One of the first questions you ask yourself when you want to develop your business is: can I prospect by email?
The answer is... not so obvious 😉
GDPR and email marketing
GDPR and B2C prospecting
In B2C, you can't prospect by Cold Email. It is strictly forbidden by the legislation in place in many regions.
All marketing emails must be opt-in. Meaning that each recipient must have explicitly agreed to receive an email.
There are several ways to give consent to the use AND resale of your data:
- Via a registration form and validation of the general conditions
- By subscribing to a newsletter, ticking the box to give consent that your email address and associated data will be used or sold to a third party or partner.
However, you may not, under any circumstances, email a person without their consent. The GDPR strictly forbids it.
It is therefore essential to know the source of your B2C data before launching any commercial approach.
GDPR and B2B prospecting
In B2B, the CNIL (the french administrative organisation that regulates data privacy law) recommends that you opt-in. This is a recommendation.
Nevertheless, a few rules must be followed: The person that you approach must have a legitimate interest in the reason why you are prospecting to them.
For example, if your business is selling computers, it is perfectly legitimate to prospect to IT managers, or companies with a need for computers.
However, if your business is catering and selling meals at home, then it is not legitimate to address employees of a company to their work email address. This is a "personal" activity with no connection to the company's activity: the interest is for the employee as an individual.
But, if your catering business offers lunchbox machines to be installed iat work, then it is legitimate.
The nuance is important, it is what gives you the right or not to prospect companies that have not explicitly given their consent before reaching out.
In any B2B email prospecting process, it is essential that your contact can easily and immediately unsubscribe.
GDPR and B2B data enrichment
Having contacts is good. Being able to enrich them with all their useful data such as professional email address or telephone number is better!
Currently, to enrich a contact, all the solutions on the market use databases.... And your own contacts are probably used to enrich those of others 🌀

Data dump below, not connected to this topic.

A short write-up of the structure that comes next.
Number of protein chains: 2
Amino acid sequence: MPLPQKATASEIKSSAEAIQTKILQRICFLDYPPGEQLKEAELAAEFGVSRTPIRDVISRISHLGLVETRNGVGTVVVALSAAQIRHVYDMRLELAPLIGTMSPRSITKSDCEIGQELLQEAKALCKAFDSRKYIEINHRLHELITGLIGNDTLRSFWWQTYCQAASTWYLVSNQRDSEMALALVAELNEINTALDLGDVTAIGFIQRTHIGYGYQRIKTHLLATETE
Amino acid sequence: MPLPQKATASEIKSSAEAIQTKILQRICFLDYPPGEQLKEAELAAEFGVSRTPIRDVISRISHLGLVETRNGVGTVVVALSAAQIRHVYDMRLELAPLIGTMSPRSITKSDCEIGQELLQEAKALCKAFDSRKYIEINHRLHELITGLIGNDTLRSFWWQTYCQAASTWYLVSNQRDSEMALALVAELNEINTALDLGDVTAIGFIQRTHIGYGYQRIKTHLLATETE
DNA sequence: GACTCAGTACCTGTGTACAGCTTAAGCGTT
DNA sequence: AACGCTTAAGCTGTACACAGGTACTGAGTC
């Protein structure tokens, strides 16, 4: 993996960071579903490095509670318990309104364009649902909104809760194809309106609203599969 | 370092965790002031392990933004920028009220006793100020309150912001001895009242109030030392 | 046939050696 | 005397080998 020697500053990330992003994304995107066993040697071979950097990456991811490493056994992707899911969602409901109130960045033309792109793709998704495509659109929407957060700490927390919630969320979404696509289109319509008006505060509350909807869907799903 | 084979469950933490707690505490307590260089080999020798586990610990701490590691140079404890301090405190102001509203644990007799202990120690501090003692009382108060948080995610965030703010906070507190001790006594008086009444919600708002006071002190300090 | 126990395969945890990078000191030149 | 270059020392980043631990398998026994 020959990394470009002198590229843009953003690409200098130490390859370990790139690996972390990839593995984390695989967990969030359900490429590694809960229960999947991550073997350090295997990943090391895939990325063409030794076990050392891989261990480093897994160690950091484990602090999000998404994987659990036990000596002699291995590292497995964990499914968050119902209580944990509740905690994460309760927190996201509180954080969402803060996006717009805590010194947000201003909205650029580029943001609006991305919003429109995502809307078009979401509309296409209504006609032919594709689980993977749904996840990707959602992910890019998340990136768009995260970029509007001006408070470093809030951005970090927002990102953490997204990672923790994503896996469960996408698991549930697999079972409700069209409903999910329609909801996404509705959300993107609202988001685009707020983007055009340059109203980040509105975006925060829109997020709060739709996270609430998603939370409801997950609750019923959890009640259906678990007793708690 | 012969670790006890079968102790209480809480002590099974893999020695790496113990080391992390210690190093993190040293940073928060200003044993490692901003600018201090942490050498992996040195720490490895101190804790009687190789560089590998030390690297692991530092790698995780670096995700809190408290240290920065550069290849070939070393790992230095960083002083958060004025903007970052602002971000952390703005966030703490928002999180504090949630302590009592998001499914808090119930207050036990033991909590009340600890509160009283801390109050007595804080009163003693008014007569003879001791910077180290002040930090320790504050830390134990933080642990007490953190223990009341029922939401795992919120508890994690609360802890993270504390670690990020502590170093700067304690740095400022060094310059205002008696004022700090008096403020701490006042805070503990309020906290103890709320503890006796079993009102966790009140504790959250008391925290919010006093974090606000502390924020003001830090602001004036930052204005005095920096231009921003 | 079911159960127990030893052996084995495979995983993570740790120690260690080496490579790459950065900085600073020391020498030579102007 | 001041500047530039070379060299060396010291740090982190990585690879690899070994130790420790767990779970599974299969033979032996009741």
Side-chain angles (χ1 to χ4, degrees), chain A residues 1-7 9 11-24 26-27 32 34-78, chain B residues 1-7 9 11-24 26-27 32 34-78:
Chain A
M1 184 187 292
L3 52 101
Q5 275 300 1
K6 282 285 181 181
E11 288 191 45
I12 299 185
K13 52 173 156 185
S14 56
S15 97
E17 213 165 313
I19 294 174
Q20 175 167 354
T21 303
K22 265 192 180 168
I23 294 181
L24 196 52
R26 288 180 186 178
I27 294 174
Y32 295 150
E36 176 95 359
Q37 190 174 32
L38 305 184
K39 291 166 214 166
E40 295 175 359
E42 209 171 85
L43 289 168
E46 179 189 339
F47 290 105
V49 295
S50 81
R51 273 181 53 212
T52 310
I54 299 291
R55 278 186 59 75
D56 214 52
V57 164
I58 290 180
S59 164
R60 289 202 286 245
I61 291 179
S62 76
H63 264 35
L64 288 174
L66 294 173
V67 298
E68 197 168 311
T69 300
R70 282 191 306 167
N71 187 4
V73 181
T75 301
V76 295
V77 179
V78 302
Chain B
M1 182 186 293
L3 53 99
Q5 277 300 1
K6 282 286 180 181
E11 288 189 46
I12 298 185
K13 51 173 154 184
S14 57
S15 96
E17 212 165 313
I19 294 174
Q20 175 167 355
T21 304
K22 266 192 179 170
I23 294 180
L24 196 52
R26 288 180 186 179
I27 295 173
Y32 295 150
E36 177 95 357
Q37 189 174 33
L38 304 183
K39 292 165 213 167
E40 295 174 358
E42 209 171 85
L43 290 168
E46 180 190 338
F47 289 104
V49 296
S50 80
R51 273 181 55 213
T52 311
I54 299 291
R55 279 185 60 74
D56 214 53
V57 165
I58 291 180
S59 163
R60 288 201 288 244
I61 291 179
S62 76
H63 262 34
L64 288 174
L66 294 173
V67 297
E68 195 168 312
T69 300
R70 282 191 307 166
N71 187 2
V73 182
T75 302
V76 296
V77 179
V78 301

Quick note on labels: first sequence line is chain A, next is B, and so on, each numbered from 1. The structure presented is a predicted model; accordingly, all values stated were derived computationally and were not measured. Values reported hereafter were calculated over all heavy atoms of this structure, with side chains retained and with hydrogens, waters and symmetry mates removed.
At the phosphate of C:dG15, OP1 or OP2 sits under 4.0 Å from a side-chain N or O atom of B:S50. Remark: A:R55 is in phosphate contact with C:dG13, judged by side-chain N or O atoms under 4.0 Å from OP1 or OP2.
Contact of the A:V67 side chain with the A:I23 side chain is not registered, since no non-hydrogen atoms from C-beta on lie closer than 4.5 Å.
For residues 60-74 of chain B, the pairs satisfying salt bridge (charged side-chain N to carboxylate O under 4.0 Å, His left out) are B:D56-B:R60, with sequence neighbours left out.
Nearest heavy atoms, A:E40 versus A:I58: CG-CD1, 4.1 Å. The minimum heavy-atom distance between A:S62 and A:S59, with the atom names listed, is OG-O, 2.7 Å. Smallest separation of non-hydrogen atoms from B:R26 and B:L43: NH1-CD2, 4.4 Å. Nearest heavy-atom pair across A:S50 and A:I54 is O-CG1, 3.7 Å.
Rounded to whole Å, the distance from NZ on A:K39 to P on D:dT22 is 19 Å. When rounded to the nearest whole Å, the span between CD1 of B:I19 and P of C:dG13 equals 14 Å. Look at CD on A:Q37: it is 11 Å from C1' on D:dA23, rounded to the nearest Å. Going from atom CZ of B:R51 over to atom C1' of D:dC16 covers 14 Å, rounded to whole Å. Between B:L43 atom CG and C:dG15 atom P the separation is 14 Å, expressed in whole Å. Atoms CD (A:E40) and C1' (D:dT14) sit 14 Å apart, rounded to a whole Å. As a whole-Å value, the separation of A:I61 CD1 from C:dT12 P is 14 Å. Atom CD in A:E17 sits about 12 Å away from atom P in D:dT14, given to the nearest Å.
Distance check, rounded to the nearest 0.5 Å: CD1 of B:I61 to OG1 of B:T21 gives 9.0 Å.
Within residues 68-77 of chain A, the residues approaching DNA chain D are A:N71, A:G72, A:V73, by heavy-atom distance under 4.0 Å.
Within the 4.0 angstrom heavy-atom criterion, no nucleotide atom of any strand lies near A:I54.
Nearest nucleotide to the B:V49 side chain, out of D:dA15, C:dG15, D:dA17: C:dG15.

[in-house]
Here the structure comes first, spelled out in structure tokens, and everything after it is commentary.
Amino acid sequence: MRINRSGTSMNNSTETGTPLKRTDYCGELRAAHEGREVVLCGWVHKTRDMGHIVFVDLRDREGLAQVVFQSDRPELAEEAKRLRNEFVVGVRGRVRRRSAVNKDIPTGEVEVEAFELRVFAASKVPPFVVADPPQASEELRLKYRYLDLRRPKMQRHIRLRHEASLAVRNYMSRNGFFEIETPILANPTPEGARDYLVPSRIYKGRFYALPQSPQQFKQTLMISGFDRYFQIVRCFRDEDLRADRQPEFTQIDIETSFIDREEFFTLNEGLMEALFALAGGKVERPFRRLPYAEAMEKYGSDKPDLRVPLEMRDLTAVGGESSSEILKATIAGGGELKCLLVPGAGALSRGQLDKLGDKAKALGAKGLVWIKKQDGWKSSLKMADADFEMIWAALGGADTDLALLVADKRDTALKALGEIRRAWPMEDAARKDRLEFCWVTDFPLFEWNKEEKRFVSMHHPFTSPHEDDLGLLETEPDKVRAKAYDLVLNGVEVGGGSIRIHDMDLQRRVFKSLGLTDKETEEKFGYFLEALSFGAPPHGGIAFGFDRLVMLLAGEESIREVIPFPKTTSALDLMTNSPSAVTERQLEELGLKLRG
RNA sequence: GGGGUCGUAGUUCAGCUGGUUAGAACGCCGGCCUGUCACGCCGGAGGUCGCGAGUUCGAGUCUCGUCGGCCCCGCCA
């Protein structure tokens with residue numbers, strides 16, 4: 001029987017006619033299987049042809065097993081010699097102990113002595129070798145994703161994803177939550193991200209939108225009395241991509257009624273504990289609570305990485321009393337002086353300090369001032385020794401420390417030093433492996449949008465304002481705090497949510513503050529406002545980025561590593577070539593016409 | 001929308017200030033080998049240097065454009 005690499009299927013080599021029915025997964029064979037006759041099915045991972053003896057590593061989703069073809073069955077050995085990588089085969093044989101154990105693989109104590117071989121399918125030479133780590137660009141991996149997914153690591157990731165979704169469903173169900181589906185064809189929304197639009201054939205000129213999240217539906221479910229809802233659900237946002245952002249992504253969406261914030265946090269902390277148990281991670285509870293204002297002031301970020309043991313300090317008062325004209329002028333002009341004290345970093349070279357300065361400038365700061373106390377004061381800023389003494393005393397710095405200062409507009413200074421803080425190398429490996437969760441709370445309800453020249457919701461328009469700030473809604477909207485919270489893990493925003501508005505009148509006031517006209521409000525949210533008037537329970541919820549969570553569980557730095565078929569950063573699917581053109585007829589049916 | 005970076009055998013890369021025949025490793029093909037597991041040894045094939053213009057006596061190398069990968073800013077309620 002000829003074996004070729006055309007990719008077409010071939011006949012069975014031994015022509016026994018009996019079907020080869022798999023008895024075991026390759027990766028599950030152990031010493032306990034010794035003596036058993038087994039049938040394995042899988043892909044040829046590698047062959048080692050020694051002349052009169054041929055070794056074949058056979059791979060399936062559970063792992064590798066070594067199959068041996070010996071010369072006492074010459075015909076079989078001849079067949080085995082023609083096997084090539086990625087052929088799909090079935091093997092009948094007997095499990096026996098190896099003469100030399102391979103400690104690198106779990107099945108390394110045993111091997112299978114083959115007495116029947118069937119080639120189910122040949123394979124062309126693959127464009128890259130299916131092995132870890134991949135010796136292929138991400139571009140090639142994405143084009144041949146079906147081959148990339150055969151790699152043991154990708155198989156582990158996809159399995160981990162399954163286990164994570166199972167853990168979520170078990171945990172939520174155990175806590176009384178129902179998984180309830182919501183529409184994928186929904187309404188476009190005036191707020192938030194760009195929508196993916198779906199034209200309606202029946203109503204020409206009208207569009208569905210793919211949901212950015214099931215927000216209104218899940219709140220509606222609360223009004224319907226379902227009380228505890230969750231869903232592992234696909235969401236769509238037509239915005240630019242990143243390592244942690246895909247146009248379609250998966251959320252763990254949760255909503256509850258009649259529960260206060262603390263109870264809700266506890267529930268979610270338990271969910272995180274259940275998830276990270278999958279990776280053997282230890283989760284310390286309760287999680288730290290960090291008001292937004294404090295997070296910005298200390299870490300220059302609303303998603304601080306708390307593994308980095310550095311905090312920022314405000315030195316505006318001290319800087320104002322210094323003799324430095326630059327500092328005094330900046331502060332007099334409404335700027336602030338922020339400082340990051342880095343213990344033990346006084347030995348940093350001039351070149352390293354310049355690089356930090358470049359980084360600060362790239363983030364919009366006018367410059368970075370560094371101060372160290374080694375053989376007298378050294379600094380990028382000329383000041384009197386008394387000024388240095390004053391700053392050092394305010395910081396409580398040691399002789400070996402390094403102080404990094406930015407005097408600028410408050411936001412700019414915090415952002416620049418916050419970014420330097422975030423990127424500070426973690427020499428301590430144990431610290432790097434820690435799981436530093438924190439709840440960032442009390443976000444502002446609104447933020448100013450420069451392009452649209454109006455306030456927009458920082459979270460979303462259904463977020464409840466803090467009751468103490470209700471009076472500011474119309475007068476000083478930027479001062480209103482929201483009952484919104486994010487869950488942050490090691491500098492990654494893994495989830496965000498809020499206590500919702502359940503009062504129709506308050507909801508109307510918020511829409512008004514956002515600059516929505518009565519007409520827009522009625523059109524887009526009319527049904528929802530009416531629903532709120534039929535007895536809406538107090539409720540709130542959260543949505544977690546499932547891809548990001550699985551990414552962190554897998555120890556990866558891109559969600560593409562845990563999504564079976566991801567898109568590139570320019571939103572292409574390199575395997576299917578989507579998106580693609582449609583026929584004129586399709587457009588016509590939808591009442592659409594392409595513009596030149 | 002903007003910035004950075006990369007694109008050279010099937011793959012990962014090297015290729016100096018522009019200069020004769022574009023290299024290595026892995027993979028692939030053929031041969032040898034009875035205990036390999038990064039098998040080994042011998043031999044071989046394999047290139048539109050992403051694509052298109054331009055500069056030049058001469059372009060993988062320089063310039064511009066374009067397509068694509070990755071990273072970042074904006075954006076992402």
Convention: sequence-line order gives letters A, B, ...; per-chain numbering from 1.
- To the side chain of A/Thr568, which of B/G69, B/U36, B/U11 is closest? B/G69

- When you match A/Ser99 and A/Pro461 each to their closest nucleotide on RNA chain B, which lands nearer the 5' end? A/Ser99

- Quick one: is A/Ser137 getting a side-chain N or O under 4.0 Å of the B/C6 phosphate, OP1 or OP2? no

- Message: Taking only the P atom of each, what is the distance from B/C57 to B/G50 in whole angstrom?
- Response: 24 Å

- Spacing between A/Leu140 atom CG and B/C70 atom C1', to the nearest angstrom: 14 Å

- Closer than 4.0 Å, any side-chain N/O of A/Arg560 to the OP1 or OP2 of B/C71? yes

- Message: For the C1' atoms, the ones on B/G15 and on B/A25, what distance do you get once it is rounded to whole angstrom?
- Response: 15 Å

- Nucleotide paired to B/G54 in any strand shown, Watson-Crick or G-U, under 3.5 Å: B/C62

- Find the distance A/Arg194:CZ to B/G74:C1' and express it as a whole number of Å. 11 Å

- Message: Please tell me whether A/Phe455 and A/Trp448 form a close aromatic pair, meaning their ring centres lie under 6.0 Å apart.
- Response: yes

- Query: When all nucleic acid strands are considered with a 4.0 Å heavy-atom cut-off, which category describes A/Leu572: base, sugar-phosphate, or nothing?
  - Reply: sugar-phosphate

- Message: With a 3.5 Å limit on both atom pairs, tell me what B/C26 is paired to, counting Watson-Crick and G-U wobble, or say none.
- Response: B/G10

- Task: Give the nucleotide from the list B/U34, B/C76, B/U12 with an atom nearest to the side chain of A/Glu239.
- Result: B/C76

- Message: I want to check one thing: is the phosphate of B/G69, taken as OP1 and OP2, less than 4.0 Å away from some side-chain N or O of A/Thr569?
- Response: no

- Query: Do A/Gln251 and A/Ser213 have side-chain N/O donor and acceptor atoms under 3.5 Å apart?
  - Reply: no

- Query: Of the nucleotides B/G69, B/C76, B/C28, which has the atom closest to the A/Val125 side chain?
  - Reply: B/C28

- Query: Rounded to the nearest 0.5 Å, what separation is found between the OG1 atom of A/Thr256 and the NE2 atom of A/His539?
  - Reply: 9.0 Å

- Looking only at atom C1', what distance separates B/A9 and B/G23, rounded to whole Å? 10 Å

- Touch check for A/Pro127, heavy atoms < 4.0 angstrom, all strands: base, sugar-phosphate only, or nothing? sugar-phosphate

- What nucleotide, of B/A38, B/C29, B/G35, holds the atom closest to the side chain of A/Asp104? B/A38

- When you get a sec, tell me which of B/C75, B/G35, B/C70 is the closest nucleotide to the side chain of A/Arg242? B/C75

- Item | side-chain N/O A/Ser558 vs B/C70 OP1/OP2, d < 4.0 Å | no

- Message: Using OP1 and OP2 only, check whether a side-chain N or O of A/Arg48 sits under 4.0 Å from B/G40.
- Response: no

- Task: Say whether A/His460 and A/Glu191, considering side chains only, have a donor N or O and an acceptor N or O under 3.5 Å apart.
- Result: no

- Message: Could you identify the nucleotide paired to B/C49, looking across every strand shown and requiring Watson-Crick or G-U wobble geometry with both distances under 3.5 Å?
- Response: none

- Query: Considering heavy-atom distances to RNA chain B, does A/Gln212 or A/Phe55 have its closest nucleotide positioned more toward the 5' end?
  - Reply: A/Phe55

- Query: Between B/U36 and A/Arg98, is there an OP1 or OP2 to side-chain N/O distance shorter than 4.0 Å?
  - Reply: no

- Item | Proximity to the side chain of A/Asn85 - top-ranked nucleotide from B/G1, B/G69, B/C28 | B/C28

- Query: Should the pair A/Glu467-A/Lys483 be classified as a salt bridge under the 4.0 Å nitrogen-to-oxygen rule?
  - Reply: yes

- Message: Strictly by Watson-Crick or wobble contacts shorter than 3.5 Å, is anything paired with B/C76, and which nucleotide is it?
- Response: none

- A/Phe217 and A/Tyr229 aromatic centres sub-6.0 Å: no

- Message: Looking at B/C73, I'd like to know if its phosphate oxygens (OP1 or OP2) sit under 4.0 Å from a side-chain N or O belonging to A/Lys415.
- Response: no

All of them... Except Dropcontact which uses NO database to find and enrich emails.
Dropcontact relies on proprietary algorithms and test servers.
With each search, the algorithm is launched to enrich data without having togo through any database.
If we talk about databases, today LinkedIn has the largest and most up-to-date database ~450/ million profiles regularly updated by the users themselves!
But is it allowed to store or extract data from LinkedIn?
GDPR and B2B database
A few years ago, you could scrape massively. Several companies have done so in very large quantities: tens, even hundreds of millions of profiles scraped from LinkedIn.
These companies have in fact built a copy of LinkedIn. Do you see the problem? 🤨
Other companies have found a quick "and efficient" way to build up personal databases: third-party extensions or applications (personalised contact directories, extensions, chrome...). By installing the application or extension, without even realising it, you "accept" the terms and conditions, including the sharing and resale of information from your email inbox, calendar, or other directories: first name, last name, personal telephone number, postal address....
Since March 2019 Google has, among other things, blocked such extensions. These techniques are now more complicated to implement.
This stored data was obviously intended for resale...
Storing a nominative database and reselling it is strictly forbidden by the GDPR.
Today, some companies are buying these databases on the dark web 🤐 Beyond the ethical problem, it is above all a matter of concealment.
Concealment is the act of holding or transmitting something, or acting as an intermediary to transmit it, knowing that the thing is the product of a crime.
The fact of knowingly benefiting, by any means, from the proceeds of a crime also constitutes concealment.
The hunt on the Dark Web has been on for several years and the responsible parties are starting to "fall".
You may not resell or transfer this data without a mandatory opt-in for resale: that is, a conscious and explicit agreement to resell the data to known and validated partners.
Have you already checked whether your contact data are in these databases? Have you ever explicitly given your consent to their resale?
It is quite clear that very (very very!) few people still give their consent to the resale of their data.
All data purchased this way is not GDPR compliant.
It is important to remember that there is a chain of responsibilities and that each link in the chain must know the source of each of the data used in the prospecting: reseller AND buyer.
Once the ethical and legal issues have been addressed, another major problem with the storage of contact data is data obsolescence.
In 2021, the obsolescence rate of professional personal data is about 33%.
And this figure does not take into account the Covid crisis. The crisis has led to an explosion in the number and speed of company changes.
Data obsolescence is accelerating globally.
At Dropcontact, we do not have a contact database:
- No problem with data obsolescence; all data is fresh through algorithms and real-time test servers.
- 100% GDPR-compliant.
🍒 A little icing on the cake, Dropcontact can identify the validity of Catch-Alls. Dropcontact is the only solution to crack this well-known problem for Sales, Marketing and Growth teams.
And it's not over...but
Go further 🧨